One of Les McCann's greatest albums, Much Les encapsulates much of what McCann did best in his early years, while adding a few novel embellishments -- like a string section and Latin percussionists -- that enhance his core sound.
The results are winning, likable, and consistently engaging, making for an underrated classic.
However, it's actually the string section that provides the dominant flavor of McCann's accompaniment; of the six tracks, they appear on all three slow songs, plus -- in an offbeat touch -- the laid-back soul-jazz of "Doin' That Thing," giving it an almost movie soundtrack feel.
Fortunately, the album isn't drenched in sentimental glop; the strings are always employed tastefully to give the music a fuller sound and to provide counterpoint to McCann's economical soloing on the ballads.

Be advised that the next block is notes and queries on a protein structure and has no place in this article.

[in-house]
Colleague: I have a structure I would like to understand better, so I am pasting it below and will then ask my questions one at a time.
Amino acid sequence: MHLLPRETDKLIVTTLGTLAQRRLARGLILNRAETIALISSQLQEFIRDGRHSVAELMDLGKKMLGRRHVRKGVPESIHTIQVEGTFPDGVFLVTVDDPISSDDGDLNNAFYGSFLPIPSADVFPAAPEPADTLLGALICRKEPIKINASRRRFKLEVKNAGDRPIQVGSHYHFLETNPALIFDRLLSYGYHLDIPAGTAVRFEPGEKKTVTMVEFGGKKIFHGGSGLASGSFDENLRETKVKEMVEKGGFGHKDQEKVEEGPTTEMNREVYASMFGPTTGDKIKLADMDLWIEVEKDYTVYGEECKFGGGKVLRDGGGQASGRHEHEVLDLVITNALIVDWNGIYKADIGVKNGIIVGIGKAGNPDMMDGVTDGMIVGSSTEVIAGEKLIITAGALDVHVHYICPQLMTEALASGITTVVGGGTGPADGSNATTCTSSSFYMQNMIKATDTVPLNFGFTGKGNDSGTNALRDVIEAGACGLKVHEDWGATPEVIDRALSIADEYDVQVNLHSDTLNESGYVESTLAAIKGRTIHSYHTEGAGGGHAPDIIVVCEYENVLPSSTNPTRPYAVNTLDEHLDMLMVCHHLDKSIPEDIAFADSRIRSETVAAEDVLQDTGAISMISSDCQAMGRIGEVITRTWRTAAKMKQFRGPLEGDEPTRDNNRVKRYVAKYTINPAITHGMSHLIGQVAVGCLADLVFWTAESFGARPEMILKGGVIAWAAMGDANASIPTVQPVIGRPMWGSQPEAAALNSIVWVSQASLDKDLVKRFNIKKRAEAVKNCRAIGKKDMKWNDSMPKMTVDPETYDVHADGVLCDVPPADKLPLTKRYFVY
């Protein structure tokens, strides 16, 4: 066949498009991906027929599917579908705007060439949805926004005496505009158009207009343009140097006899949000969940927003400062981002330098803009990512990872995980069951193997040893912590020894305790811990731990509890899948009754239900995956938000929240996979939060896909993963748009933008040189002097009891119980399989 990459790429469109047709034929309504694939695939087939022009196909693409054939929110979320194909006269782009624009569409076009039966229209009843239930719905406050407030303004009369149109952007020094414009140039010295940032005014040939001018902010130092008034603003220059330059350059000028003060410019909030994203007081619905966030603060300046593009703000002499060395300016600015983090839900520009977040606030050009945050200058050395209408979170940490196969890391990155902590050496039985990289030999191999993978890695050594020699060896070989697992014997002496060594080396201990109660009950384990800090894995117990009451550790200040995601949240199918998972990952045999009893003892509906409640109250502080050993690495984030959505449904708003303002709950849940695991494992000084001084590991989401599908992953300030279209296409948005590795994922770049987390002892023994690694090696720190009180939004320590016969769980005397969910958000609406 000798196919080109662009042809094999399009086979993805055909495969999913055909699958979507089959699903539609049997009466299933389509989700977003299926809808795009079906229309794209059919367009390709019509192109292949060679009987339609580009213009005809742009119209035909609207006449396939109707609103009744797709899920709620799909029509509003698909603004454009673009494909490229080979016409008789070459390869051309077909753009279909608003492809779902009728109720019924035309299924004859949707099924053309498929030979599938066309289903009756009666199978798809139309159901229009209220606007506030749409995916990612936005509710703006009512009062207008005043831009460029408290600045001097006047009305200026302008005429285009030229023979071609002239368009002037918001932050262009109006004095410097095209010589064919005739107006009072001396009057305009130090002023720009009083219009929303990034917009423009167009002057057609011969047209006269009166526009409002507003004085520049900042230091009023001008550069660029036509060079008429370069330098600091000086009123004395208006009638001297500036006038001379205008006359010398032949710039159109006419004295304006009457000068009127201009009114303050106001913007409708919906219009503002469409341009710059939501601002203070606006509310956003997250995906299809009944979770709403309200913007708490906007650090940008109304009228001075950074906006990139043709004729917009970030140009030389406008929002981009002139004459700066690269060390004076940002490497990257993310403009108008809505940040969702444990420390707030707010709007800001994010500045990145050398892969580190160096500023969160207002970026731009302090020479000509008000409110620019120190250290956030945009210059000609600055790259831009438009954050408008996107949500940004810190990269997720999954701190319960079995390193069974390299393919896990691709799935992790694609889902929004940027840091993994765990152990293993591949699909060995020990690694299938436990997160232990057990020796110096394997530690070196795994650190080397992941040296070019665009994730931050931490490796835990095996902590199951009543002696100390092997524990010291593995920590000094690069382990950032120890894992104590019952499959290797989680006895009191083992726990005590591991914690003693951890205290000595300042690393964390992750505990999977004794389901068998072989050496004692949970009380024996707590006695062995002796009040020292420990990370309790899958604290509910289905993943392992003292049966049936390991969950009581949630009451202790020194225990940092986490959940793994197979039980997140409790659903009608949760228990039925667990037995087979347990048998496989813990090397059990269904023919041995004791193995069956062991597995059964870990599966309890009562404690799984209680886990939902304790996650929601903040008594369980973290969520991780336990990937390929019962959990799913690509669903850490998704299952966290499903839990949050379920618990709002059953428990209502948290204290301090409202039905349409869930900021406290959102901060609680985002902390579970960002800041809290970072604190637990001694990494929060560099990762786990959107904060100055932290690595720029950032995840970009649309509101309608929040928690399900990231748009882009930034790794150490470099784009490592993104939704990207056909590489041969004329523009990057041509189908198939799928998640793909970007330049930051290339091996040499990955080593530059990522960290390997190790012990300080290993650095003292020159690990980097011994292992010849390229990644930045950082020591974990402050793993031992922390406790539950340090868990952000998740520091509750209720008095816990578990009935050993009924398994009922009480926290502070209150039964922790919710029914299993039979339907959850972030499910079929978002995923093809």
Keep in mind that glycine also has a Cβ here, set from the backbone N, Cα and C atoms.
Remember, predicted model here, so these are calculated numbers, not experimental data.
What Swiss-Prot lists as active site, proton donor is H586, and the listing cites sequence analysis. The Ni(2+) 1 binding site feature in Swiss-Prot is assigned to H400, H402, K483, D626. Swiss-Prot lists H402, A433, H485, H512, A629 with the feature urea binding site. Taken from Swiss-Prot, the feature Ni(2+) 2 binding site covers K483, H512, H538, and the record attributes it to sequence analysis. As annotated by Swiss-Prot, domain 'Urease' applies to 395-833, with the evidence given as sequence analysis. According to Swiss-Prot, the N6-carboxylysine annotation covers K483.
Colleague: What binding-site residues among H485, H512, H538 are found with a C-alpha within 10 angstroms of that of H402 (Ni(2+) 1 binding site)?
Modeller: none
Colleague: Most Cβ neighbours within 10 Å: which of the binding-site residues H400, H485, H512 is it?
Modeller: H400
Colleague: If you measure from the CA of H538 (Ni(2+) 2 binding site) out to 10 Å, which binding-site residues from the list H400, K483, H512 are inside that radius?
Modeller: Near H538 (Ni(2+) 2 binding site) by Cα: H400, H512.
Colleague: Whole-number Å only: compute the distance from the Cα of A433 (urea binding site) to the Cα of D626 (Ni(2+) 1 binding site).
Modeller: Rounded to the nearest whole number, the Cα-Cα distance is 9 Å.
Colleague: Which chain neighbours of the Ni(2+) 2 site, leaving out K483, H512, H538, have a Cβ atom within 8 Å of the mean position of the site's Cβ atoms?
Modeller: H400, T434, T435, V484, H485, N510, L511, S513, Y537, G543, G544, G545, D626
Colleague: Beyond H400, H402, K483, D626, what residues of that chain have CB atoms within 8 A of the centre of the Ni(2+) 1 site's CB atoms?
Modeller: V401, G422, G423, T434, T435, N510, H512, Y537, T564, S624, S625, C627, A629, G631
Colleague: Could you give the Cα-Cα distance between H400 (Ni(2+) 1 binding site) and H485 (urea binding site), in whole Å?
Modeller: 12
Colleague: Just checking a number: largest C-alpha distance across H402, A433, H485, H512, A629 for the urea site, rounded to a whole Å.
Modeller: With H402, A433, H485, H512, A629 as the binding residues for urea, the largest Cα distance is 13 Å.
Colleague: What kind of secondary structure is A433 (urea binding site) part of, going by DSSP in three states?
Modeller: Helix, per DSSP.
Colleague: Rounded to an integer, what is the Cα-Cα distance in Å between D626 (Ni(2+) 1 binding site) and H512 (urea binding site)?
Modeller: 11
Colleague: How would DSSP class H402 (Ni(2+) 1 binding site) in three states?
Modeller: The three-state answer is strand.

McCann makes an unspectacular but warmly ingratiating crooner on "With These Hands," his lone vocal number here, which became something of a hit.
Elsewhere, he transforms Cole Porter's "Love for Sale" into one of his signature funky soul-jazz grooves, and returns to his gospel roots on the soulful, exuberant "Burnin' Coal," where he works a simple but infectious beat punctuated by handclaps and shouts.
So the program is nicely varied, and the richer, more expanded arrangements serve to highlight -- not obscure -- the McCann trio's command of the groove.
That's what makes Much Les such an enjoyable, essential listen.